China’s young boutique wineries have begun demonstrating the potential to produce wines of international quality, but they need to find and refine their own identity, Steven Spurrier and sommelier Guo Ying said at a tasting of award winning Chinese wines at the Decanter Shanghai Fine Wine Encounter.
The first wine tasted at the seminar, Skyline of Gobi Reserve Chardonnay 2013, was made in Yanqi Basin of Xinjiang.
The young Tiansai winery was established in 2010. Like many young boutique wineries newly established in China, the winery has adopted some of the most advanced equipment and winemaking techniques.
However, the scarce rainfall, cold winter and the consequential higher cost on irrigation and vine burying are among the many challenges faced by wineries in this region, said Guo Ying, senior sommelier of Four Seasons Hotel China and judge of Decanter Asia Wine Awards (DAWA).
The light usage of oak on this young wine was particularly highlighted by Steven Spurrier, Decanter's consultant editor, chair of Decanter World Wine Awards (DWWA) and Decanter Asia Wine Awards (DAWA).
Ripe fruit combined with well-integrated oak were the key features of the other wine from Xinjiang—the 2013 vintage Shiraz-Cabernet blend from Zhongfei winery, said Spurrier.
Guo Ying said all Chinese wineries need to bear in mind that use of oak, the choice of grape variety and winemaking equipment should be based on the local climate and soil, rather than the international norm.
‘Finding a unique identity’ has become a new task for Chinese quality winemakers, she told the audience at the Ritz-Carlton in Pudong.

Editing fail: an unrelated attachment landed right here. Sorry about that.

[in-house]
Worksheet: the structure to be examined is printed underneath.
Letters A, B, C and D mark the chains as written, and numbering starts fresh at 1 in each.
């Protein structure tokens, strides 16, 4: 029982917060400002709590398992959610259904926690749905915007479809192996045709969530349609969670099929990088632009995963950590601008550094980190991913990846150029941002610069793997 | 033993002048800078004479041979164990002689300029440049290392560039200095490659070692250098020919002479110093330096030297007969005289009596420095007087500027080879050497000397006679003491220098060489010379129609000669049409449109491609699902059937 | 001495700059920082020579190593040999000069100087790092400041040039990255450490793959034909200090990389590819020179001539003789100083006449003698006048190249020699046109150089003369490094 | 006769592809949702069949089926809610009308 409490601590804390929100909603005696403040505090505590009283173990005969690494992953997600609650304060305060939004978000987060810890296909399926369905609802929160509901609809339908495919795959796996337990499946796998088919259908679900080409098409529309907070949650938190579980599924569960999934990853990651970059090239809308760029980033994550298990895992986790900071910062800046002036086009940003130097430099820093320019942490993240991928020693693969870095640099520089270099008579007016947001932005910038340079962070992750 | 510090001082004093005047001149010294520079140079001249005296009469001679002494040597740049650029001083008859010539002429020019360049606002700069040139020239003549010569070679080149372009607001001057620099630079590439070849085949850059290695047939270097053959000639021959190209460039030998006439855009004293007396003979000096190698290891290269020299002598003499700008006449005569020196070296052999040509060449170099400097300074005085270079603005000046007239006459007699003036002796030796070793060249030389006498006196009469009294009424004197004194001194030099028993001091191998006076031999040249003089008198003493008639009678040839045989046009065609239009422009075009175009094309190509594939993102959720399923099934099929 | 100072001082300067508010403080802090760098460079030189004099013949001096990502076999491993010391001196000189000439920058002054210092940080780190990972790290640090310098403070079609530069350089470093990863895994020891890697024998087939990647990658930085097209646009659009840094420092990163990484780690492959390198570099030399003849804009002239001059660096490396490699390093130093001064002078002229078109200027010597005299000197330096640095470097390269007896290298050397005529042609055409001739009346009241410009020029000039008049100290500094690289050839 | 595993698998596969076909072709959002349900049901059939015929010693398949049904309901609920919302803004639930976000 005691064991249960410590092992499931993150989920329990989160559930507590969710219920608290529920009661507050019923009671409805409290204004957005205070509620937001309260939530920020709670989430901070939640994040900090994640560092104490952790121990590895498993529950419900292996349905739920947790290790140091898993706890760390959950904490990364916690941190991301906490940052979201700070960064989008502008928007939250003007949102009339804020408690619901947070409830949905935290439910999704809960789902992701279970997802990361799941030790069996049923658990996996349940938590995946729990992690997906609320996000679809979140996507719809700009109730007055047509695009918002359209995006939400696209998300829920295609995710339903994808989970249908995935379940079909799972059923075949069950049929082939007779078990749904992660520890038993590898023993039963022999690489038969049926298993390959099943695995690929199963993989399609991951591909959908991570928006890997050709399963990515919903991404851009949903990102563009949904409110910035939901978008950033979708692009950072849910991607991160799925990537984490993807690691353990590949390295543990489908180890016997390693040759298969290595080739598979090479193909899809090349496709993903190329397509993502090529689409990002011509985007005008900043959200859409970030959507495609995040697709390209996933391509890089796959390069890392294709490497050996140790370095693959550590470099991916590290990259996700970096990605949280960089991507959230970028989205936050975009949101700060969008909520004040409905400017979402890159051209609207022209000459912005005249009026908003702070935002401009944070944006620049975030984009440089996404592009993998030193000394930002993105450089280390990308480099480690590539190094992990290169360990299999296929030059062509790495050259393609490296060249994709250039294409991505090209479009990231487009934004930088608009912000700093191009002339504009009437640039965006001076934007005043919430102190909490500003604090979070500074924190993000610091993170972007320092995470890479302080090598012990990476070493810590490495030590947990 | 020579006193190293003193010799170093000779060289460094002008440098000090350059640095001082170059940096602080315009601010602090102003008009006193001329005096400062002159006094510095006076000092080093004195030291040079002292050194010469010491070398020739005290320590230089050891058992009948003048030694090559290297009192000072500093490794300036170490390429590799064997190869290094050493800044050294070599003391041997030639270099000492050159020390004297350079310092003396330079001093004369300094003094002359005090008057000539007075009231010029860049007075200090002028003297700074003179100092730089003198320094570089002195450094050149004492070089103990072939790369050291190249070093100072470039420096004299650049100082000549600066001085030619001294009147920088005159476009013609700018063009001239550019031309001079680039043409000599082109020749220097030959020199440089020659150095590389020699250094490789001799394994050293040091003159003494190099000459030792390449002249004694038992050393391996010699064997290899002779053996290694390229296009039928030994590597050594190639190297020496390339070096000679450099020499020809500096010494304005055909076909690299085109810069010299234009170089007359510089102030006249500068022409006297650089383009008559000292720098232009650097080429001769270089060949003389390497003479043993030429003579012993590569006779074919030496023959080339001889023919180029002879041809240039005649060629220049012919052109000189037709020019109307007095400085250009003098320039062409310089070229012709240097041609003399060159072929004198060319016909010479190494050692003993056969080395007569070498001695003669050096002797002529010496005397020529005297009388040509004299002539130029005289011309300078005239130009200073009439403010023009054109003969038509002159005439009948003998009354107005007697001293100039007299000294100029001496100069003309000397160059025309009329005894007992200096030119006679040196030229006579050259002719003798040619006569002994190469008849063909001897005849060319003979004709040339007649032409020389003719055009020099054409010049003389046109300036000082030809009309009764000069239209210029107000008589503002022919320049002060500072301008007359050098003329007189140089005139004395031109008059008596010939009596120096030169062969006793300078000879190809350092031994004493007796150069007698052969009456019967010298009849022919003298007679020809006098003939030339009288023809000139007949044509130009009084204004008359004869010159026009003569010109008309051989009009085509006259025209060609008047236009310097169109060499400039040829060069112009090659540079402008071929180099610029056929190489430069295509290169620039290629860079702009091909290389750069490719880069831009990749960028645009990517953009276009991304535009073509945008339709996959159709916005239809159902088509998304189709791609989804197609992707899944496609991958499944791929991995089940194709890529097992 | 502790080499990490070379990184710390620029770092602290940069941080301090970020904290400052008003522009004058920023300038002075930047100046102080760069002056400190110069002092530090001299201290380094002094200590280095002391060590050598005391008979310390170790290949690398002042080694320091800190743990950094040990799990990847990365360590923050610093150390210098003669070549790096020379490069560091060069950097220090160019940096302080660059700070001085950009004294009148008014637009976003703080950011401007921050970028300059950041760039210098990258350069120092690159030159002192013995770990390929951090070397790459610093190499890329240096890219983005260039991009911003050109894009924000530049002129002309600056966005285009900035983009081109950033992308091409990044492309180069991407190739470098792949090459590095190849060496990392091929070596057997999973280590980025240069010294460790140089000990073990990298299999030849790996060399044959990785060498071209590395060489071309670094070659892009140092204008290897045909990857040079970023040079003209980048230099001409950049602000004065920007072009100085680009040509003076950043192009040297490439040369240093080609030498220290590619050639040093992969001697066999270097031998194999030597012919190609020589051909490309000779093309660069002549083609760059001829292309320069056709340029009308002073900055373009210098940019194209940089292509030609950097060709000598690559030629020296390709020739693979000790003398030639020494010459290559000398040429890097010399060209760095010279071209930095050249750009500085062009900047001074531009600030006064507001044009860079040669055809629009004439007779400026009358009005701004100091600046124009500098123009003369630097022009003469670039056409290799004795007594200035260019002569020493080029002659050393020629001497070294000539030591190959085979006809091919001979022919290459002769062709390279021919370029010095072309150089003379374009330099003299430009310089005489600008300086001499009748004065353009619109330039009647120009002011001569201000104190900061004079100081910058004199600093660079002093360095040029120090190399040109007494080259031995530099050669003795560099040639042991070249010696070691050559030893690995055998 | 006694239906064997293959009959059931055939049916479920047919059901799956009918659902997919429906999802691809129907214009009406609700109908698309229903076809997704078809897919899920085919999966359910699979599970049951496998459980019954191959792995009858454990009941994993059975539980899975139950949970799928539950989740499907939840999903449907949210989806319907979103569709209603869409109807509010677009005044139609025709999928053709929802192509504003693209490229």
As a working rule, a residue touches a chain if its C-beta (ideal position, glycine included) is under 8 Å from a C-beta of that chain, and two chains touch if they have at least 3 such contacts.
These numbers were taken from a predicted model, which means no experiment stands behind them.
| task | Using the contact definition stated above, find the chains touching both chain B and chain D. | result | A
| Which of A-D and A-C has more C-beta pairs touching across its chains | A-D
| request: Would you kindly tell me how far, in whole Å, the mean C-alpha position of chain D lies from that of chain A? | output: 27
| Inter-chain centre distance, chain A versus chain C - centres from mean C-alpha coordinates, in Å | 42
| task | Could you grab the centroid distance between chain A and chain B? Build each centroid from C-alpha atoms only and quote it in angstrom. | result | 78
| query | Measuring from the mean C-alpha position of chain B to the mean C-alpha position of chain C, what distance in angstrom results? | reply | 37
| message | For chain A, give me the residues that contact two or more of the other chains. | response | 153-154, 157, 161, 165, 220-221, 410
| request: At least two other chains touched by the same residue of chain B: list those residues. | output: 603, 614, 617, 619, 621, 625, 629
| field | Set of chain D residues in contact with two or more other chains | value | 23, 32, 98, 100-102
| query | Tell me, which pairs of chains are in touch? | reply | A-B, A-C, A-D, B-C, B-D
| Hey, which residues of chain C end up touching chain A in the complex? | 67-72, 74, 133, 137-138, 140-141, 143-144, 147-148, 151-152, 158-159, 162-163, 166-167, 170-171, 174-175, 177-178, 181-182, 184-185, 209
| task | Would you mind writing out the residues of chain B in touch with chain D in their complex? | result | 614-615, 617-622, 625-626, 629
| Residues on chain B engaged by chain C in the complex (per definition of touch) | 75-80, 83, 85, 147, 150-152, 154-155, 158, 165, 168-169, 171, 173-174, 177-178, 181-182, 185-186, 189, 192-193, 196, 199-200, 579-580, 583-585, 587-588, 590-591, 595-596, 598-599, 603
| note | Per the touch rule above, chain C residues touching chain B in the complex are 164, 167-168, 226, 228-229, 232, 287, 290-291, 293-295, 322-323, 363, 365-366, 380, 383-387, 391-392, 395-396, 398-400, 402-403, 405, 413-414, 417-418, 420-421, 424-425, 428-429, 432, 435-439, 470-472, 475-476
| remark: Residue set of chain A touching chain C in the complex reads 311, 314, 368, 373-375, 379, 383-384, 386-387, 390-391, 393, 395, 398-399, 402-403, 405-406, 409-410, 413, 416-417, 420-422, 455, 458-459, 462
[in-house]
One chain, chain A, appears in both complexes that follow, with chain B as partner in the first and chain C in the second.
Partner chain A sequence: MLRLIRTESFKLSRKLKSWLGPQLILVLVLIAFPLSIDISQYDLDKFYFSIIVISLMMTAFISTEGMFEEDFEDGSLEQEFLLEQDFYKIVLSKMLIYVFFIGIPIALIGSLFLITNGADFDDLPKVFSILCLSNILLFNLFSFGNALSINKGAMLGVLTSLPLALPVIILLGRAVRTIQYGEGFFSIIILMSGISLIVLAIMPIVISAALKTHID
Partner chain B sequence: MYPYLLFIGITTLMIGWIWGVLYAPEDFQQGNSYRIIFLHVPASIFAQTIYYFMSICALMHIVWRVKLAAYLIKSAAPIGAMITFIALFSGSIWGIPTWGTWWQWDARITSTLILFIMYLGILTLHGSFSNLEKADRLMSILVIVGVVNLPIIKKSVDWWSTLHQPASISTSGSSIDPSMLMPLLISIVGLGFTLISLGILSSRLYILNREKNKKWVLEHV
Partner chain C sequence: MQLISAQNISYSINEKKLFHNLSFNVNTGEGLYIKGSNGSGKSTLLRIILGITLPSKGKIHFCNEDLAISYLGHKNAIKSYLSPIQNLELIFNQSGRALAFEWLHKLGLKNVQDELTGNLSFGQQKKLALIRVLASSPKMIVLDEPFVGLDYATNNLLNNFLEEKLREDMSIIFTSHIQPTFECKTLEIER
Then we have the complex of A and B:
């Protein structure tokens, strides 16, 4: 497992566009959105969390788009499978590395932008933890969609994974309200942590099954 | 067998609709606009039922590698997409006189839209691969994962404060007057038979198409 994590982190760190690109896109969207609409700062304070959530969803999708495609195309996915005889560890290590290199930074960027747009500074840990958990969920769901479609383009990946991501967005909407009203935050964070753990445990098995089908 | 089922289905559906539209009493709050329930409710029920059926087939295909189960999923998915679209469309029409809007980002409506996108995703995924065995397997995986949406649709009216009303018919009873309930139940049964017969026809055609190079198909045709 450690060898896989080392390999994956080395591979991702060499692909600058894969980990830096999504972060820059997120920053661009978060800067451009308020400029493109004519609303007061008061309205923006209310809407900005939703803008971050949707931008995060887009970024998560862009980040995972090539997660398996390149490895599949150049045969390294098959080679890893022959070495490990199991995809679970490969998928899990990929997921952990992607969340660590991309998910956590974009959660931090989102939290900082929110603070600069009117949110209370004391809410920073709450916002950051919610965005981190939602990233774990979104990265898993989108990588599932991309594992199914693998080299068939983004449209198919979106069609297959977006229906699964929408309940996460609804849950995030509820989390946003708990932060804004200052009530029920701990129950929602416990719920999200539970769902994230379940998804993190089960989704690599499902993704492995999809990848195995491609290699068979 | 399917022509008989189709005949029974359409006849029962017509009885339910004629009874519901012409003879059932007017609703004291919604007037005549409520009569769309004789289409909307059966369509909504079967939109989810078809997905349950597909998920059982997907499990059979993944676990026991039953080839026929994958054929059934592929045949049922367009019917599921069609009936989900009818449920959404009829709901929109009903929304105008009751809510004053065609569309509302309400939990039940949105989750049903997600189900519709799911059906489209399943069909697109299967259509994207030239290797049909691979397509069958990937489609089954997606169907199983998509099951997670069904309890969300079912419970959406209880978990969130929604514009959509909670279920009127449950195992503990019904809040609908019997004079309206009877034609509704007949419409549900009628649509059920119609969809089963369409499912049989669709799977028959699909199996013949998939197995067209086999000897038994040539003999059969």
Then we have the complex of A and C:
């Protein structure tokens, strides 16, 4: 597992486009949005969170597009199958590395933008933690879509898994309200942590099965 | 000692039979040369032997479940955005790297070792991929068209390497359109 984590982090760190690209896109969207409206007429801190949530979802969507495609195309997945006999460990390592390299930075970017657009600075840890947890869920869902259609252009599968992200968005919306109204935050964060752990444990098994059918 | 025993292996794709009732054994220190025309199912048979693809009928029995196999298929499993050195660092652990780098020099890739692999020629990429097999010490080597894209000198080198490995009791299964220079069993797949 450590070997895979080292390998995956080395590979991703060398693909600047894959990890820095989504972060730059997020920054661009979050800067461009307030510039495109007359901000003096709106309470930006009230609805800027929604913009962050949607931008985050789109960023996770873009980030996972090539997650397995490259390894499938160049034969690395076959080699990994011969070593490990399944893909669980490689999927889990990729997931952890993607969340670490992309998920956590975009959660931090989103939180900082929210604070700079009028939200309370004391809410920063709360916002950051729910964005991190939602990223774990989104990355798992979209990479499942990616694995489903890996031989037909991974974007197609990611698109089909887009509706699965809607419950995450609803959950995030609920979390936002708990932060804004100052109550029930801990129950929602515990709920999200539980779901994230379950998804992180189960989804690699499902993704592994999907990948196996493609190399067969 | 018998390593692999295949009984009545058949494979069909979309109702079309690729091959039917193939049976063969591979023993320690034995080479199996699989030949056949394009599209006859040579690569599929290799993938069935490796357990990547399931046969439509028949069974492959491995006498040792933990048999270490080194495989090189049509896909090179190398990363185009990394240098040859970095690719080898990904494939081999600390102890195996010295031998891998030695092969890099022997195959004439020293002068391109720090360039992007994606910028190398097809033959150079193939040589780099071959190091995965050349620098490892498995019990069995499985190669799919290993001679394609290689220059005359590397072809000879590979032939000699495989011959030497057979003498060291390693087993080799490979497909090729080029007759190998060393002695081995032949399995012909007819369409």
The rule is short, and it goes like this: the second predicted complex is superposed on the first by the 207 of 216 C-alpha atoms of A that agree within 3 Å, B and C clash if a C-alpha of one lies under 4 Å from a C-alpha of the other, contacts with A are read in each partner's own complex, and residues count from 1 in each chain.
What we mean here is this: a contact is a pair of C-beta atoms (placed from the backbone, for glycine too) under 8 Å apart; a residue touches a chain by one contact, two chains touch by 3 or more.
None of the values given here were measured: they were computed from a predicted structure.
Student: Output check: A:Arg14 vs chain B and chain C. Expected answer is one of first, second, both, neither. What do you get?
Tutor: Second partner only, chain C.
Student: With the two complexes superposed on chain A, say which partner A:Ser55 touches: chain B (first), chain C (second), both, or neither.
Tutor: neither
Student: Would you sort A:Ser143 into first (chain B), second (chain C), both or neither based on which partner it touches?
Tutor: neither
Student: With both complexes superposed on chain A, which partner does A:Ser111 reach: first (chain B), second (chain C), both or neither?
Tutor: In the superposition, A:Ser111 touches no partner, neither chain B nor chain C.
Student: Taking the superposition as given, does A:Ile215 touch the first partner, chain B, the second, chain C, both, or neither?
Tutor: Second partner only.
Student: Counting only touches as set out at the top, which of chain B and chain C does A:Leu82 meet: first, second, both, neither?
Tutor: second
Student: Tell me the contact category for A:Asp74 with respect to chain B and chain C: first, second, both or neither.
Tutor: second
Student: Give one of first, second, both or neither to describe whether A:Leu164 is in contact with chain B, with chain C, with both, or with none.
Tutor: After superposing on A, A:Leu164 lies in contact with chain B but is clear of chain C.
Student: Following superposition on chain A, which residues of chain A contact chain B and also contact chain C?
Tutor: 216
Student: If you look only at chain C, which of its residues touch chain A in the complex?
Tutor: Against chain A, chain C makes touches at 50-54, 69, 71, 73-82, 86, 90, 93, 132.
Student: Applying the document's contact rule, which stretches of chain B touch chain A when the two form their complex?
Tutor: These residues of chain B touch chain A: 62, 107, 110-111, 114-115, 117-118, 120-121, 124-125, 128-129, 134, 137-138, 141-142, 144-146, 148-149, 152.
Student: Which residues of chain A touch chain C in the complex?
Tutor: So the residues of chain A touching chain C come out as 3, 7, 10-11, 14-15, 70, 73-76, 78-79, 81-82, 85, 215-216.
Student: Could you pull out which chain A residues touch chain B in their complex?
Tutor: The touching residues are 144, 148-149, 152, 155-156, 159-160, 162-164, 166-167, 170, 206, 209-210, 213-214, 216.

Image: Steven Spurrier at 2015 Decanter Shanghai Fine Wine Encounter
‘New oak is going out of fashion’
Backing up her words, Spurrier praised the great blackcurrant fruit of the Envoy Merlot 2013 from Ningxia Xixia King, but he said the wine could be more subtle if the presence of new French oak were not ‘too dominant’.
‘New oak is going out of fashion in Europe, and I don’t think it should come into fashion here,’ said Spurrier. ‘There’s no reason for vineyards in this country to try to copy what’s going on in Burgundy, Australia and the rest of the world.’
The other three wines from Ningxia: Cabernet Gernischt 2013 of Château Yuhuang; Cabernet Sauvignon-Merlot 2012 of Legacy Peak; and regional trophy winning Pretty Pony 2013 of Kanaan Winery, each showed their own unique characteristics and a ‘sense of place,’ said Spurrier.
Ningxia’s strong development in recent years was mainly ‘thanks to the strong support of the government’, said Guo Ying, because viticulture provided a possible answer to water scarcity and non-arable land in this region.
Compared to Ningxia, Shandong and Xinjiang, Yunnan as a wine region is lesser-known due to its limited production from vineyards ‘scattered around the province’, said Guo Ying.
However, the warm winter of the southerly region means that wine growers don’t need to bury the vines in winter, which could save as high one third of the production cost.
To demonstrate the region’s character, a Cabernet Sauvignon-Merlot of the Shangri-La winery was chosen for the tasting. The wine presents more of a ‘new world style’ than some of the previous wines due to its vigour, strength and character, said Spurrier.
Image: Decanter award-winning Chinese wines at 2015 Decanter Shanghai Fine Wine Encounter
Organic wine in Ningxia
The seminar ended with a heated discussion on the possibilities for organic viticulture in Ningxia.
In response to the question raised by Miguel Torres Jr, Wang Fang of Kanaan Winery said that difficult planting conditions mean it’s ‘almost impossible’ to adopt organic viticulture in Ningxia.
Marcus Ford, of Pudao Wines, also contributed to the discussion, saying that ‘they (local producers) need to be making the best possible wines in the conditions they have’.
However, added Guo Ying, from the point of view of a sommelier, organic and more ‘health-driven’ product is 'definitely what consumers are looking for at the moment'.
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